The 3% stamp duty surcharge is an addition to existing Stamp Duty rates (set out in the table below).
The extra tax applies to anyone, whether you are resident or non resident, who is buying additional residential properties, for example a buy-to-let or holiday home, within England, Wales and Northern Ireland. As Scotland (a devolved power in terms of property) announced a similar 3% surcharge in its own Budget, it applies to the whole of the UK. To see the official guidance please download the following :-
If the home you are buying directly replaces your main residence, you will NOT have to pay the 3% surcharge, even if you own an additional home/s at the same time. This example is straight from the Government’s consultation document:
“A owns both a main residence and a second home. She sells her main residence and purchases a new one. Although she has two properties at the end of the day of the transaction, she has replaced her main residence so the higher rates will not apply.”
Rented accommodation however, does NOT constitute a main residence as your previous main residence will need to be disposed of (ie, sold) to escape the surcharge. Gifting a property DOES constitute disposing of your main residence, according to the Treasury.
If you buy a new main residence (Home A) but are either unable to sell your previous one (Home B) or you just choose to keep it and rent it out, you will have to pay the 3% Stamp Duty surcharge initially. However, so long as you sell Home A within 36 months of completing on the purchase of Home B, HMRC will make a full refund.
You’re liable to pay the 3% surcharge even if the home you already own (or part-own) is abroad. So, if you have a holiday apartment in Spain and are buying your first home in the UK, you’ll have to pay the 3% additional tax.
If the second home you are buying is abroad, the purchase and related costs will fall under the buying laws of that country, so neither Stamp Duty nor the 3% surcharge will be relevant.
Since the end of 2014, regular Stamp Duty has been charged as a tiered tax. This is like income tax, where you only pay the higher rate on the slice above any threshold. However, the 3% surcharge still works as a slab tax which means it applies to the entire purchase price of the property.
As an example, if you are buying a second home that costs £300,000, the extra 3% Stamp Duty would equate to £9,000, or 3% of the entire price. If you add that onto the £5,000 regular Stamp Duty bill on a home of this value, you’d end up paying £14,000 in total.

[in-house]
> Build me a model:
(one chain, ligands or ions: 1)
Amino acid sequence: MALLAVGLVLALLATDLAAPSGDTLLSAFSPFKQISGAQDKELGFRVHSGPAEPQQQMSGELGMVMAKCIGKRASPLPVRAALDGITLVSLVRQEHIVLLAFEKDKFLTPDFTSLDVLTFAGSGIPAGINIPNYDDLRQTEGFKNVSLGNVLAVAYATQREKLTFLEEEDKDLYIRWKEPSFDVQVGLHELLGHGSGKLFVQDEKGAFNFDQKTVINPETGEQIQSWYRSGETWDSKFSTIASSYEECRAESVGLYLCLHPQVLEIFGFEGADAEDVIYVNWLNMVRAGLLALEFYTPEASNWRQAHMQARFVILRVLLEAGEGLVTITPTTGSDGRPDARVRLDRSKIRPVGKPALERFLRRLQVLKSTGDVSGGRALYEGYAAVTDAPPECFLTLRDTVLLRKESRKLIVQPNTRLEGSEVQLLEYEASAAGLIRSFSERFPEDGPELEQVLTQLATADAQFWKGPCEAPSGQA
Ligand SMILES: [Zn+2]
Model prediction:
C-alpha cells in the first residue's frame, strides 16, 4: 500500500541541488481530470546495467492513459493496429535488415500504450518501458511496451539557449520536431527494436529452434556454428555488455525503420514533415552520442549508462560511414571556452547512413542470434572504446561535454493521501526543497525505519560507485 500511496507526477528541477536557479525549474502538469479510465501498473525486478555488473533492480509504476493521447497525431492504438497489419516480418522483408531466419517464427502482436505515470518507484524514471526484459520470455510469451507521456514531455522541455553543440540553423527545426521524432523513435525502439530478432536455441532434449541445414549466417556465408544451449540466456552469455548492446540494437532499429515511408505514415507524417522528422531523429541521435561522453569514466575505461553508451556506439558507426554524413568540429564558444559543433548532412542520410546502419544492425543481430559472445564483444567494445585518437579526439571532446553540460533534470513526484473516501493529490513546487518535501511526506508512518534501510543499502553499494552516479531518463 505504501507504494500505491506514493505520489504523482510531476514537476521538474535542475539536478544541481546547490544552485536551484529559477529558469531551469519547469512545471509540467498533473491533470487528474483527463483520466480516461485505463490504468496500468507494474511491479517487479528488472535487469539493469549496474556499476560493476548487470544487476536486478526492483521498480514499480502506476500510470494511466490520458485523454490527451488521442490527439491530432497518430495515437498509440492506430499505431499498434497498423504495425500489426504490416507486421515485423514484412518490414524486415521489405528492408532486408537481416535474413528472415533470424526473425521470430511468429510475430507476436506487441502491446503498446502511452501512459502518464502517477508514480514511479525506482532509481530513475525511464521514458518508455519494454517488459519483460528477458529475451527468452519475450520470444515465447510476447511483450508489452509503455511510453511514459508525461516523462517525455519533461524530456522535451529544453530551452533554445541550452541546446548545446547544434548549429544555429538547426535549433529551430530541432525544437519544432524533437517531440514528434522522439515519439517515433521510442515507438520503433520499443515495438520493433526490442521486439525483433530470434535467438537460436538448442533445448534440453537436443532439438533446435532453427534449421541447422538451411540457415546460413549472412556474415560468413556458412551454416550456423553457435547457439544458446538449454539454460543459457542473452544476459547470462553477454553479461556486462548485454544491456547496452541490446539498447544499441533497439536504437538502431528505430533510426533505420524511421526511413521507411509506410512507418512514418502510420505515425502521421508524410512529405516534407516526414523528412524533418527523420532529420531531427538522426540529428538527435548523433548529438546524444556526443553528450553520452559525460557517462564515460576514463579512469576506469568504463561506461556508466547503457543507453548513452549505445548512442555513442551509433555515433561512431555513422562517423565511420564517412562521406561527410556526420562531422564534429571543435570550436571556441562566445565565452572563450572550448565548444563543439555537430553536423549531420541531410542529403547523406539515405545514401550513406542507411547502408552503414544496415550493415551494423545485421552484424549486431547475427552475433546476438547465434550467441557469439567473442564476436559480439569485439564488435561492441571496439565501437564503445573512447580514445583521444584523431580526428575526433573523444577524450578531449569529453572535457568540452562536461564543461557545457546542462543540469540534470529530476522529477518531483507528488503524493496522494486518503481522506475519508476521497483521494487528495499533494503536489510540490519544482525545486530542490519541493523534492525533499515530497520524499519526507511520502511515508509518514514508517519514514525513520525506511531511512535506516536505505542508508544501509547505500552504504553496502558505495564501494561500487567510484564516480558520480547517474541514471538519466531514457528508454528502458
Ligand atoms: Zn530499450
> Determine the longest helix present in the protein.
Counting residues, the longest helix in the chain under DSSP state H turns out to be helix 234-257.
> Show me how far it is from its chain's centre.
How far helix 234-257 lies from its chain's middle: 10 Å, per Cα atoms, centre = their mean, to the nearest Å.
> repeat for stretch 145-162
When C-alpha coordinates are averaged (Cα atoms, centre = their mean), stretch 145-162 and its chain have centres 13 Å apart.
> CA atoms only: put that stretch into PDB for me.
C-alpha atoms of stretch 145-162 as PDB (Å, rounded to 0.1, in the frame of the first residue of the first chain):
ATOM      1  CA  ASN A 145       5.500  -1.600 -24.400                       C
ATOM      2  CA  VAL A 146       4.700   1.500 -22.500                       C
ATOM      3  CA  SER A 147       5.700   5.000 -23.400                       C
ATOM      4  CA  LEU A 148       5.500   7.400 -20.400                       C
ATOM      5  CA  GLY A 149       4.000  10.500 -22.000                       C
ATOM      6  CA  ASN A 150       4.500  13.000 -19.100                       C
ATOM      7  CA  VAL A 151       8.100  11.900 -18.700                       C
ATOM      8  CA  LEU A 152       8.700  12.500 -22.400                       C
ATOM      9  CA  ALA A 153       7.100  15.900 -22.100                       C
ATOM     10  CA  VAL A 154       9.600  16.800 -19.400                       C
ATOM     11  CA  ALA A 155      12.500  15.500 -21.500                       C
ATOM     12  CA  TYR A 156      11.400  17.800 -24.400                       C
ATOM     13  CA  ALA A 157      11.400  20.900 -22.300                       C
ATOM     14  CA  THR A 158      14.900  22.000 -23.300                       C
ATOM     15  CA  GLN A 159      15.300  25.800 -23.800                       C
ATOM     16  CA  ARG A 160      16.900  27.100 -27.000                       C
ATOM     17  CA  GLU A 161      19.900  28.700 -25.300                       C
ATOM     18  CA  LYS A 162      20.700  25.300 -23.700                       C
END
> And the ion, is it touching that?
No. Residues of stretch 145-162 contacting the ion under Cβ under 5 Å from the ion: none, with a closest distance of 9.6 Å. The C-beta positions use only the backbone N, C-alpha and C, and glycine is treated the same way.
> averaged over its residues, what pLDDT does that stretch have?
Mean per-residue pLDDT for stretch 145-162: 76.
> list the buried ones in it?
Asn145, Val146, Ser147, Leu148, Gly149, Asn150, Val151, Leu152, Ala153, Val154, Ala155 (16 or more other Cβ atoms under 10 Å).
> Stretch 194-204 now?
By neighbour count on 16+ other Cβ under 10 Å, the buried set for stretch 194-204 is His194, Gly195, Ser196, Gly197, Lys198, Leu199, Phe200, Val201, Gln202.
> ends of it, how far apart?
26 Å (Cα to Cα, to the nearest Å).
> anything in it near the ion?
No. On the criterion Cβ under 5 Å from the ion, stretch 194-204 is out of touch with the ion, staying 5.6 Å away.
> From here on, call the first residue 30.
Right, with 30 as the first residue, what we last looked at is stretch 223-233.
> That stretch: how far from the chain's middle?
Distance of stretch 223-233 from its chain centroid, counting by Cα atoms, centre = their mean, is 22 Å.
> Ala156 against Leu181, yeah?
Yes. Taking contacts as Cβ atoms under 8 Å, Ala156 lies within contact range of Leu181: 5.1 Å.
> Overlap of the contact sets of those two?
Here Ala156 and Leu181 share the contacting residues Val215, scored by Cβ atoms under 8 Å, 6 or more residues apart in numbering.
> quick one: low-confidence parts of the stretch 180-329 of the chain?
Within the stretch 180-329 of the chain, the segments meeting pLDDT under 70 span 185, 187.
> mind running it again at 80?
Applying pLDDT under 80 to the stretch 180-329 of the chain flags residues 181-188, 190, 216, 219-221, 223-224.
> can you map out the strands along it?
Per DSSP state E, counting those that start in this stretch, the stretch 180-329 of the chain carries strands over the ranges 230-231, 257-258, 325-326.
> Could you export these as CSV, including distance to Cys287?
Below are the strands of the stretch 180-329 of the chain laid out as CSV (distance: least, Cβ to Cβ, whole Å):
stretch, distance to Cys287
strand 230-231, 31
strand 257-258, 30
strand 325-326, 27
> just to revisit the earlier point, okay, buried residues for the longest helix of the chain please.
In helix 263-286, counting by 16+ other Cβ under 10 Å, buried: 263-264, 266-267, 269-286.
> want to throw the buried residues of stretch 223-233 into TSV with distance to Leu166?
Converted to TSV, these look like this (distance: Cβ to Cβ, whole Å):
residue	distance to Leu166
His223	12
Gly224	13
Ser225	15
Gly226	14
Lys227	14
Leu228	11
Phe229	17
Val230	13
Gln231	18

If the second home you are buying is for your child and you already own a home, you will be liable for the 3% surcharge if your name is on the property deeds – even if it’s joint with your child’s name. If you bought the home for your child outright and just their name was on the deeds, the 3% surcharge would not apply.
If you have a second home and you are buying jointly with your partner who doesn’t already own, the 3% Stamp Duty surcharge will still apply.
Just as if you were buying for your child, you may be able to escape the surcharge here by putting the property entirely in the name of the person who doesn’t already own a home.
Ray Boulger, senior technical director at mortgage broker, John Charcol, said: “If you can’t satisfy the lender’s affordability criteria in just one person’s name, some lenders such as Metro Bank and The Woolwich, will allow you to put two names on the mortgage, and just one the property deeds.”
However, if you were planning on doing this and you already live with your partner, HMRC’s tax avoidance provisions are likely to catch you out.
The 3% surcharge only applies if the annexe is a separate dwelling that is valued at more than £40,000 and could be bought as a main residence.
The Treasury says: “To be a separate dwelling, the unit will have all the facilities one would expect in a home, including, for example, a kitchen, bathroom and bedroom. It should also be capable of a separate sale.”
On the flipside, you may have to sell your main residence and move into an interim property (rented or with family for example) before you can buy your next one. In this case, you will have 36 months (after completing on the sale) during which time you can buy a new main residence without being hit with the surcharge.
No Stamp Duty is payable on properties that are inherited, so the 3% premium is not relevant. However, if you have inherited a property and go onto purchase a second home without selling it, you will be hit with the surcharge.
You will be liable for the extra tax.
The Government has a keen eye on preventing tax avoidance. So you won’t be able to escape it by setting up a limited company and buying an additional home that way.
You won’t pay the 3% surcharge on second homes that cost under £40,000. Caravans, mobile homes and houseboats are also exempt. It’s also worth bearing in mind that if you are charged Capital Gains Tax on any profit you make on the sale of an additional home, the 3% surcharge can be offset against the gain liable to tax.
Solicitors and property lawyers are under instruction to ask buyers outright if they already own another property. If you don’t answer truthfully it’s tantamount to fraud and potential penalties could be a lot worse than meeting the cost of a 3% extra Stamp Duty.
© Thandi Nicholls Ltd 2017 All Rights Reserved - The above articles are provided for guidance only and may not cover your personal circumstances so you should not rely on them. It is important that you seek appropriate professional advice which takes into account your personal circumstances where you can provide the full facts of the case and all documents related to your case. Thandi Nicholls Ltd t/a uklandlordtax.co.uk, K Nicholls FCA or S Thandi cannot be held responsible for the consequences of any action or the consequences of deciding not to act.
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